We especially like the character of the mother, Caroline Ingalls. She’s inspired us to enjoy what we have by living simply, teaching at home, and that even through adversity, you are stronger than you think. We love the family togetherness that both the Ingalls and the Wilder families enjoyed. They worked hard together and this built their family bond. This is a concept we try to learn from them.

And we also love to read St. Clare’s – a series of books written by children’s author Enid Blyton about a boarding school of that name. The series follows the twin heroines Patricia “Pat” and Isabel O’Sullivan from their years at St. Clare’s. So it’s our all-time favourite because it’s based on twin girls like us.


What does the term entrepreneurship mean to you?


Since we are still in grade seven we don’t have a very technical explanation of what entrepreneurship is. But to us, entrepreneurship means doing something on our own and helping society from that while making some money for us. We believe entrepreneurs are often creative. The skills we can learn as little entrepreneurs will help us thrive in our entire lives.


You also work as voice artistes. Would you like to share your experience?


It’s an awesome experience, because as voice artistes we learn how to use our voices on different levels and for different characters. We dubbed so many cartoon characters and some kid’s movies too.


What are the other organisations you work with? What type of work do you engage in?


We are representing Sri Lanka at the Environmental Online Organisation (ENO) and contribute to environmental sustainability and peace. ENO is a global network of schools and communities over 133 countries. The ENO school network is connected to 10,000 worldwide schools. We are working to spread environmental awareness, to encourage learners to act for their environment.

We are representing Sri Lanka in the Treebuddy organisation in Finland. Treebuddy is the ultimate tree planting and care service. With Treebuddy, we have planted millions of trees worldwide and work with various partners taking care of the trees, our “Treebuddies”. With the local communities, we can all help nature to thrive and heal.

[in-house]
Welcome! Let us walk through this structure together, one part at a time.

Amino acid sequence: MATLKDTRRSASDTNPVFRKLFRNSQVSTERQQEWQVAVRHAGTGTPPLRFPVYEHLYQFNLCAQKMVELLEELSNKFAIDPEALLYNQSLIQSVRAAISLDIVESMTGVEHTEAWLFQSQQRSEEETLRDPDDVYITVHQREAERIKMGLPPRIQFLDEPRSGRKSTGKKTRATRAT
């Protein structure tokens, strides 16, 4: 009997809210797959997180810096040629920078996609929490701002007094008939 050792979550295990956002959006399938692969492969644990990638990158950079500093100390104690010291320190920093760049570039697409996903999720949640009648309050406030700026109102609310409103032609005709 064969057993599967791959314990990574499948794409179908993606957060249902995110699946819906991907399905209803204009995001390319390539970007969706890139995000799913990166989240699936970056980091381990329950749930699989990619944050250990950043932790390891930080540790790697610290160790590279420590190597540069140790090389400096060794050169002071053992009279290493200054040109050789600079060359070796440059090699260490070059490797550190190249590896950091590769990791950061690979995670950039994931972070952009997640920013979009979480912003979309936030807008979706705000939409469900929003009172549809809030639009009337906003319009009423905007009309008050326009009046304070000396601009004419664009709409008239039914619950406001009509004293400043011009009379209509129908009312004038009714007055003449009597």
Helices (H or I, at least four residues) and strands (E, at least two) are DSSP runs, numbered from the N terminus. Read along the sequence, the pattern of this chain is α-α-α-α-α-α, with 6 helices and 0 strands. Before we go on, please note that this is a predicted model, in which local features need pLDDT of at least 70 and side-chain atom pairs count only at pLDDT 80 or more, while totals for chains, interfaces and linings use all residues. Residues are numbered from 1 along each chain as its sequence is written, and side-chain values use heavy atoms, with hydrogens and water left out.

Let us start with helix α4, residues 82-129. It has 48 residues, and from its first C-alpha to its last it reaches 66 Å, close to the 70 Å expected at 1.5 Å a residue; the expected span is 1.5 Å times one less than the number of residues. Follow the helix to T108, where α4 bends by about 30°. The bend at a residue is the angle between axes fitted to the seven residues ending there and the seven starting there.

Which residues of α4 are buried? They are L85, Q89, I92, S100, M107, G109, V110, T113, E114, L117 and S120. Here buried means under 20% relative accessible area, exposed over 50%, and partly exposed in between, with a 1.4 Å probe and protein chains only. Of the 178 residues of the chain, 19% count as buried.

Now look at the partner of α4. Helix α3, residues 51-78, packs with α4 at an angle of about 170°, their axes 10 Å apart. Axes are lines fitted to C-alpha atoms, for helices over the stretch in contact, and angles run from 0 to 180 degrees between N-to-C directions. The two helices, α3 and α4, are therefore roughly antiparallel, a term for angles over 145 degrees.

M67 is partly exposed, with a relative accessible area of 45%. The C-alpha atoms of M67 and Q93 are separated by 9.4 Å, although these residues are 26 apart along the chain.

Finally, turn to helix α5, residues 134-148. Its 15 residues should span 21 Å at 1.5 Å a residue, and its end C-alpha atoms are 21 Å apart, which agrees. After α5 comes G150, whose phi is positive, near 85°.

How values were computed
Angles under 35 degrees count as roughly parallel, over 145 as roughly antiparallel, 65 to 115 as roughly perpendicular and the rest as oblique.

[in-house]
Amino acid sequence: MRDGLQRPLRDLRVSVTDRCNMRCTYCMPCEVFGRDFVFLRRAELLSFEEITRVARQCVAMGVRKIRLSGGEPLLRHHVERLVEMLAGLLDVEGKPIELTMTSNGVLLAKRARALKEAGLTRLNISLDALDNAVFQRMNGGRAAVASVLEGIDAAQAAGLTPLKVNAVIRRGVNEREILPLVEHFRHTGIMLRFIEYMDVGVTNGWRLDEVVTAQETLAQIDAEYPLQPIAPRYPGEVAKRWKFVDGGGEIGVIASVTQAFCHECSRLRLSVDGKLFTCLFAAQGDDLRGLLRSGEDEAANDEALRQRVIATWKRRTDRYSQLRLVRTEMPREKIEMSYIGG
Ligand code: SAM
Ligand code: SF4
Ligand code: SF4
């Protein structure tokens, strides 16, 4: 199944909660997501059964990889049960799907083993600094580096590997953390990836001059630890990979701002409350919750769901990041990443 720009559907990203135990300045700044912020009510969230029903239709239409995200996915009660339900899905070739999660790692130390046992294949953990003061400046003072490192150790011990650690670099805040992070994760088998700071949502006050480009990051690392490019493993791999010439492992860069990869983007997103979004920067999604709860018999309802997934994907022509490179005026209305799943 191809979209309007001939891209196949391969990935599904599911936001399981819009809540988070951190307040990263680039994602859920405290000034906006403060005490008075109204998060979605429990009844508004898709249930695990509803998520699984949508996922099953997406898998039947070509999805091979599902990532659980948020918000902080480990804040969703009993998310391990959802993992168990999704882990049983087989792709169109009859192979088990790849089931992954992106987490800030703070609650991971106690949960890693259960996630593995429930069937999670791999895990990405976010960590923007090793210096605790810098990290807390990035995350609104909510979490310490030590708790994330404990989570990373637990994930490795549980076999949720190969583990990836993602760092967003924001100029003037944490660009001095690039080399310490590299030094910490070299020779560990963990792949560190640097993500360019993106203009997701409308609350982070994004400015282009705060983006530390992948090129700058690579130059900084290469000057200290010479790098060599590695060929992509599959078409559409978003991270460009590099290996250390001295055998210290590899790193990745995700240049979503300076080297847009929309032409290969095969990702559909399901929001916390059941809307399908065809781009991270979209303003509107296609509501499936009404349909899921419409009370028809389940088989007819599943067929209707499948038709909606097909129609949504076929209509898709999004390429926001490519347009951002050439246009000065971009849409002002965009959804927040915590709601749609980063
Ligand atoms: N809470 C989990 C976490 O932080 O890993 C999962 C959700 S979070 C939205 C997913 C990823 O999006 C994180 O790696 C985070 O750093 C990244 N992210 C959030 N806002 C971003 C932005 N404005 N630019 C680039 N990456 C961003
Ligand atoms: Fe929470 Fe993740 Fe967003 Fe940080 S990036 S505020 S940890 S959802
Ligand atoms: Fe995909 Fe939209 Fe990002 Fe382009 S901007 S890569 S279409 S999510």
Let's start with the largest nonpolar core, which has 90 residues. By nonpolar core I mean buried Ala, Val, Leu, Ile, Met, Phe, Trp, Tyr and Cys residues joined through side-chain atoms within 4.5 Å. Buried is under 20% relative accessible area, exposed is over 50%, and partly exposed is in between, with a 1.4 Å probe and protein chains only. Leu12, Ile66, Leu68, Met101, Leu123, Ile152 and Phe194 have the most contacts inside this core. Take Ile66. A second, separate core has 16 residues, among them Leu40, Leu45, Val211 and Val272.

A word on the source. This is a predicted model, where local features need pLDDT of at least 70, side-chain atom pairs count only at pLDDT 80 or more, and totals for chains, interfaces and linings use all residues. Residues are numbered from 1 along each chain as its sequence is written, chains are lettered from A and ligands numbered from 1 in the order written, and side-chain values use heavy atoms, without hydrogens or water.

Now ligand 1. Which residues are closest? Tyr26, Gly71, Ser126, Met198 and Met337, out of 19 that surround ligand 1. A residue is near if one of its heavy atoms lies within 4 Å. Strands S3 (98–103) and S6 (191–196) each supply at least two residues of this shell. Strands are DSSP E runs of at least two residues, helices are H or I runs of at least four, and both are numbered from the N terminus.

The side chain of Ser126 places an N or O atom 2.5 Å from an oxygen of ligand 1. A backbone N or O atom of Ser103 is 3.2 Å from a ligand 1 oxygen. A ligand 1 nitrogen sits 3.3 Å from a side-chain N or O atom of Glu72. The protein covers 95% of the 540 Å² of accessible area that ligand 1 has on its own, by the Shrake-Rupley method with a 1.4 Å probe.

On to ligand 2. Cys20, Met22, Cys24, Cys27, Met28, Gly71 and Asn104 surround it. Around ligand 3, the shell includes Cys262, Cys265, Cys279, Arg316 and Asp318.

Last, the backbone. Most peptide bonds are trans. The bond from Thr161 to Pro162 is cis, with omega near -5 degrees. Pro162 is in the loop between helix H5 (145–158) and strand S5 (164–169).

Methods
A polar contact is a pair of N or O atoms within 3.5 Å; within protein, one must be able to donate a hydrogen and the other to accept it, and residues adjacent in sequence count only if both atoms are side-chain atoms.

We also represent our country in the World Association of Performing Arts (WAPA) as honorary members. We truly believe cultural dance and music and folk art are really important for every country. It is our way to tell other people about the things they need to know about our culture. It is also the way other people could respect, have knowledge on, and give importance to our traditions. We are trying to tell the world about our culture and the stories behind our folk arts.

Apart from these, we are engaged in our own project on creating public awareness on the use of polythene and plastic. We were awarded an appreciation medal from ENO for this. 

Currently, we also have a book donating project. Each month, we donate books to the National Library and Documentation Services Board, or to the children who need books to read, using our own money. We are involved with SOS Children’s Villages too. We both sponsor two children with monthly donations.  


How do you manage your time between social work, extracurriculars, and school work?


What we believe is if you want something, then you can somehow make time for that. We use our free time to do our social work and extracurricular activities. We always follow a timetable so it’s really easy to manage time. Especially during the quarantine curfew period, we don’t have school, so our daily travelling time of close to three hours every day is saved. So we have around 16 hours per day to do our work. 


Who is supporting you in these endeavours?


Our loving parents and grandparents support and encourage us to achieve all these things. They want us to become fully capable and independent people when we grow up. We cannot forget our dear Principal Madam Mrs. Sumedha Jayaweera and our loving teachers in St. Paul’s Girls’ School, as they too support us to achieve these things. And we also want to thank the Principal and all the teachers of our previous school, Homagama Maha Vidyalaya. And all our friends, because without them we could not have come this far.


Do you have any advice for children hoping to start their own business?


Yes. Contrary to what many people may think, you don’t need money to start a business. You can start a business even with what you have; maybe with your thinking, drawing, or writing abilities or small equipment that you have. You need to believe in yourself and your dream should be strong and solid, so no one can break your resolve to achieve your dreams. And most importantly, age is not a problem.


Finally, what are your goals for the future?


Our ambition is to be scientists. Also, our goals are to help children get at least basic education facilities, and create small-scale libraries even in small villages in Sri Lanka so that every child will have access to books based on their interest. And we are trying to plant trees in every single corner in the island and trying to involve and encourage others to do the same. So for that, we are trying to do as much as we can. But whatever we achieve and whoever we become, we need to be together and we need to help our country and society as much as we can.